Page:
George Catlin Biography, Life, Interesting Facts

Painter

George Catlin

Birthday :

July 26, 1796

Died On :

December 23, 1872,

Also Known For :

Journalist

Birth Place :

Wilkes-Barre, Pennsylvania, United States of America

Zodiac Sign :

Leo


George Catlin was an American painter and writer who mostly depicted Native Americans.

Early Life & Family

George Catlin was born on July 26, 1796, in the city of Wilkes-Barre, Luzerne County, Pennsylvania. His father, Putnam Catlin, was a lawyer and Revolutionary War veteran. His mother was Mary Polly Catlin. She told him stories about Native Americans, sparking his interest at a young age. He had seven brothers, named Charles, Henry, James, Julius, John, Richard, and Francis. He had six sisters, named Clara, Juliet, Eliza, Mary, Sally, and Lynde.




Career

George Catlin initially started working as a lawyer. He soon decided to give that up, selling his law books to buy art supplies. He created engravings and portrait miniatures. He became a member of the Pennsylvania Academy of Fine Arts. In 1825, his lithograph of Buffalo was published in Cadwallader D. Colden’s book Celebration of the Completion of the New York Canals.

In 1830, Catlin embarked on a journey to Native American territory along the Missouri River. Over the next six years, he made several trips to that area. He also went to Arkansas, Florida, the Red River, and the Mississippi River.

He visited dozens of tribes, such as the Pawnee, Mandan, Hidatsa, Omaha, Crow, Cheyenne, and many others. He made over 500 portrait paintings of the members and chiefs of the tribes. He became the first Caucasian man to paint Indians in their territories.

In 1837, George Catlin went back to New York to open the Indian Gallery. He displayed his paintings and gave lectures about Native Americans. He soon took the Indian Gallery to cities such as Pittsburgh and Cincinnati. He started his efforts to sell his collection to the U. S. government, but Congress rejected him.

In 1839, George Catlin moved to Europe. He displayed the Indian Gallery in London, Paris, and Brussels. He showed it to King Philippe Louis of France and Queen Victoria of England. In 1841, he published the book Manners, Customs, and Condition of the North American Indians. He wrote about his experiences and featured many engravings. In 1844, he released a similar book, titled Catlin’s North American Indian Portfolio. In 1848, he published Eight Years’ Travels and Residence in Europe.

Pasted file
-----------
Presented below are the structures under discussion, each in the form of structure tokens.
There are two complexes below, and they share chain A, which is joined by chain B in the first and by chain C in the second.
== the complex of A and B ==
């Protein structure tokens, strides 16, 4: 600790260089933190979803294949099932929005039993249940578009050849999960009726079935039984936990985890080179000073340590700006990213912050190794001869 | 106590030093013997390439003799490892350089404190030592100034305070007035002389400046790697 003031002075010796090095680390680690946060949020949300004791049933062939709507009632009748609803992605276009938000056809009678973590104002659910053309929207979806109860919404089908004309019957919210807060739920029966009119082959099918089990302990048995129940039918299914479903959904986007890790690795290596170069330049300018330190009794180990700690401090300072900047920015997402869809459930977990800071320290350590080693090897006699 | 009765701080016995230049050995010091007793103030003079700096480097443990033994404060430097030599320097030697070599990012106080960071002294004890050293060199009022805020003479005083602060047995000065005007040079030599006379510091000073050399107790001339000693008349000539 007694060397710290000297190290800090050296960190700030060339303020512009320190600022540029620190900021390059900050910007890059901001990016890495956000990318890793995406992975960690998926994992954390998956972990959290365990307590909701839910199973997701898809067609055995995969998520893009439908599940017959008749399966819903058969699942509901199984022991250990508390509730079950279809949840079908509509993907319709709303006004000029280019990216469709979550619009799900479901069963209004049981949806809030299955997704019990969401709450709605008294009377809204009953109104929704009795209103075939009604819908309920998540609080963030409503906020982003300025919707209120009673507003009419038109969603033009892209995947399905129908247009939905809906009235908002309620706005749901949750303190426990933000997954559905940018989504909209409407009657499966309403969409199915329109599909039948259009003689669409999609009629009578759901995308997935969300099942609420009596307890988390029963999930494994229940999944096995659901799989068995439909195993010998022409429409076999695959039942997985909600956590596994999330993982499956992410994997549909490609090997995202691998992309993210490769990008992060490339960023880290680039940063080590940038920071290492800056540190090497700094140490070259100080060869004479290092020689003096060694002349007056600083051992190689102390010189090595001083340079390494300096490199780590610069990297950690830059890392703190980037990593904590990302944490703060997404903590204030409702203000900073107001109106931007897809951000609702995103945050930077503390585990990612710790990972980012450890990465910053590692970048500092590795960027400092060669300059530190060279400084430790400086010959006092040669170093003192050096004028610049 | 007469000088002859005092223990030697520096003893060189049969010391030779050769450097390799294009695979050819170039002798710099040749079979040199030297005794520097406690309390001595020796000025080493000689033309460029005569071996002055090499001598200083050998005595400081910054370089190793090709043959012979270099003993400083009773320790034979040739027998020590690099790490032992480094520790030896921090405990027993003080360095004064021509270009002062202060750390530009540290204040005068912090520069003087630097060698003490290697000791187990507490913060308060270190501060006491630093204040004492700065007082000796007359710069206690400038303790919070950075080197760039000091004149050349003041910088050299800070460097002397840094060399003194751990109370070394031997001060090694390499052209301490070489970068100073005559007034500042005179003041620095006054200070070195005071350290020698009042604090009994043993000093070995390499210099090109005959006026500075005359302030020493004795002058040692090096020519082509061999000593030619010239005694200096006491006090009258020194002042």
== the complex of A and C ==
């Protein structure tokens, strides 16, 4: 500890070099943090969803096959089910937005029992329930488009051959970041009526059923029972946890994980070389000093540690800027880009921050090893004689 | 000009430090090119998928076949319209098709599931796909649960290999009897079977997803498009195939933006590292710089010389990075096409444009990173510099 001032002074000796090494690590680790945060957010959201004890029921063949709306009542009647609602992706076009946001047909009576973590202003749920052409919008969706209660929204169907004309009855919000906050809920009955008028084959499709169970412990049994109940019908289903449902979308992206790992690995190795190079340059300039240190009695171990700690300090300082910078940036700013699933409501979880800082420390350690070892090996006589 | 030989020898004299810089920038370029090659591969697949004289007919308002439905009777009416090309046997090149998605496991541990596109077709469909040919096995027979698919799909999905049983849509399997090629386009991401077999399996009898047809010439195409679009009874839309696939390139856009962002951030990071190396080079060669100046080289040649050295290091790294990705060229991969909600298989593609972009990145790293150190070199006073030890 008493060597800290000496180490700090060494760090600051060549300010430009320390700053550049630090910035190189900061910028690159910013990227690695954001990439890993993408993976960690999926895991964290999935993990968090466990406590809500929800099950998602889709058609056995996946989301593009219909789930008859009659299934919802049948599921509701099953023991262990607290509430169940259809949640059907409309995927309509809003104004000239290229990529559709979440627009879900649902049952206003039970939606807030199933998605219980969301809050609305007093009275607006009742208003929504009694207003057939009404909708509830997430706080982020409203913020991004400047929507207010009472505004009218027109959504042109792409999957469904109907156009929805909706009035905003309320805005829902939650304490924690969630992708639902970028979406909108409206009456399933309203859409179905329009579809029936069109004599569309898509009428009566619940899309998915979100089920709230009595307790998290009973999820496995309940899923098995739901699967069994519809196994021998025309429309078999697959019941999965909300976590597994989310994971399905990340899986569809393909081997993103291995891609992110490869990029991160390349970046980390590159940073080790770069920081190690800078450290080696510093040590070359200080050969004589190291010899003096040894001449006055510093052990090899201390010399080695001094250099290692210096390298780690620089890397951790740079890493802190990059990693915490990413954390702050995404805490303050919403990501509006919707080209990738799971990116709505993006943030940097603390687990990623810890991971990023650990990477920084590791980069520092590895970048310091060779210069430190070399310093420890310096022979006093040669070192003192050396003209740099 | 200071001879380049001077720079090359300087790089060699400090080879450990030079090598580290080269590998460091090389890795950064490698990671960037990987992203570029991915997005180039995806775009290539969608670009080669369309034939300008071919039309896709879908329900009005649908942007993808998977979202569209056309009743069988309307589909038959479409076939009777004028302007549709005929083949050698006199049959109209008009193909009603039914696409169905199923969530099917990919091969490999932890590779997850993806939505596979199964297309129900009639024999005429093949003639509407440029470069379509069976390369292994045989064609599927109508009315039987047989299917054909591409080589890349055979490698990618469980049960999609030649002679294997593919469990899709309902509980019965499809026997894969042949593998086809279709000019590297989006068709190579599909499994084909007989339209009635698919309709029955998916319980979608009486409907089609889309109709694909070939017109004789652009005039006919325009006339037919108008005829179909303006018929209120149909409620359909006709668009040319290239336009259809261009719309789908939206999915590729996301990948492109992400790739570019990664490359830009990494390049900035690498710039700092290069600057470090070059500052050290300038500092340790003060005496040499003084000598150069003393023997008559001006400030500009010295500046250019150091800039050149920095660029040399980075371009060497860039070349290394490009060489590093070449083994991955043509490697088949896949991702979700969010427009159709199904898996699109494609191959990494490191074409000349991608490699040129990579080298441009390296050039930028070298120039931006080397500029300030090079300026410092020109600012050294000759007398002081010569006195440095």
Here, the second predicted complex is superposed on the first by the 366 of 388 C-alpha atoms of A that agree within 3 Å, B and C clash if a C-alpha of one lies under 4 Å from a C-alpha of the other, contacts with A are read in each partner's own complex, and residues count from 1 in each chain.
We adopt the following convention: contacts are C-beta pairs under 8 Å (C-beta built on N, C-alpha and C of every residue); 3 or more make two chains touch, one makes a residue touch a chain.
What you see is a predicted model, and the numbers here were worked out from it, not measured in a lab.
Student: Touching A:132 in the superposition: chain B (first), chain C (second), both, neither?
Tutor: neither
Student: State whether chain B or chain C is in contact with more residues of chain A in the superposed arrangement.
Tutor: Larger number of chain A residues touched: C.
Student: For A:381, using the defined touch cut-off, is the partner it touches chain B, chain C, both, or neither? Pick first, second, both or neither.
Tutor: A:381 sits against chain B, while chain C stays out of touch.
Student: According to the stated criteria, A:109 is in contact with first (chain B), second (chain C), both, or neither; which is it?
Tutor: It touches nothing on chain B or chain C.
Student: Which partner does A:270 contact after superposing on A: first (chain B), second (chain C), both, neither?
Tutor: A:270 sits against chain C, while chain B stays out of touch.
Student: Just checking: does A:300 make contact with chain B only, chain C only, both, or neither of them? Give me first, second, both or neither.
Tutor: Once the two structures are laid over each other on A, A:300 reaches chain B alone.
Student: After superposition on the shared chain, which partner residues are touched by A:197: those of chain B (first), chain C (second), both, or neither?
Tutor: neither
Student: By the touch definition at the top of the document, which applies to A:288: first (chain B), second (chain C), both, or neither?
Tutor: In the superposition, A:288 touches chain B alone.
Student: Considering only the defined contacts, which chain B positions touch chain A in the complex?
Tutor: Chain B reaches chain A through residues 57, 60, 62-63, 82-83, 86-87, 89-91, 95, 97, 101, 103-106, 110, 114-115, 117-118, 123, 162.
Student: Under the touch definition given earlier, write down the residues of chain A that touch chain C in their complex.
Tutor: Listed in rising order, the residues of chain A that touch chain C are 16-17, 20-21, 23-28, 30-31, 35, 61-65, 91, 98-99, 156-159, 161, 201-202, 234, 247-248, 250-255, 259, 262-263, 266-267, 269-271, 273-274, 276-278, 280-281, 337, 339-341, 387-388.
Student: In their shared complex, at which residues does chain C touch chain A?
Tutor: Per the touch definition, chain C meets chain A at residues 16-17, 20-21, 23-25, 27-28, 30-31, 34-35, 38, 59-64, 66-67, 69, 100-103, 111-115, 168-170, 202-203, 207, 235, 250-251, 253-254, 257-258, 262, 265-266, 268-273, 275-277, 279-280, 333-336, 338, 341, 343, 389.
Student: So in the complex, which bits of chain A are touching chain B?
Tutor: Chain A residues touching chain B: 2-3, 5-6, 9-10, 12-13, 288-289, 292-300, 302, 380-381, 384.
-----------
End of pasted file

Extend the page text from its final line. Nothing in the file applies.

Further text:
Because of his debt, Catlin had to sell the Indian Gallery. In 1852, industrialist Joseph Harrison purchased all of the paintings. Catlin spent the rest of his life trying to recreate his old works. He called his new set of paintings the Cartoon Collection. From 1852 to 1857, he visited Native American tribes in South and Central America. He wrote about it in his book Last Rambles amongst the Indians of the Rocky Mountains and the Andes. After returning from South America, he once again visited the tribes along the Missouri River. In 1872, he briefly worked in a studio at the Smithsonian Institution.




Personal Life

In 1828, George Catlin married a woman named Clara Bartlett Gregory. They had a son named George Jr and three daughters, named Clara, Elizabeth, and Louise. He also had children with a Native American woman in the West.




Death

George Catlin passed away on December 23, 1872, in his home in New Jersey. He was 76 years old. His body was buried at the Greenwood Cemetery in Kings County.




Legacy

George Catlin's paintings are on display at the Smithsonian American Art Museum, the New York City American Museum of Natural History, the Pennsylvania Museum of Anthropology, and the San Marino Huntington Library. Catlin was a character in Larry McMurtry’s novel The Berrybender Narratives, James Alexander Thom’s novel The Children of the First Man, and Louise Erdrich’s novel Shadow Tag. In 2001, he was inducted into the National Rivers Hall of Fame.


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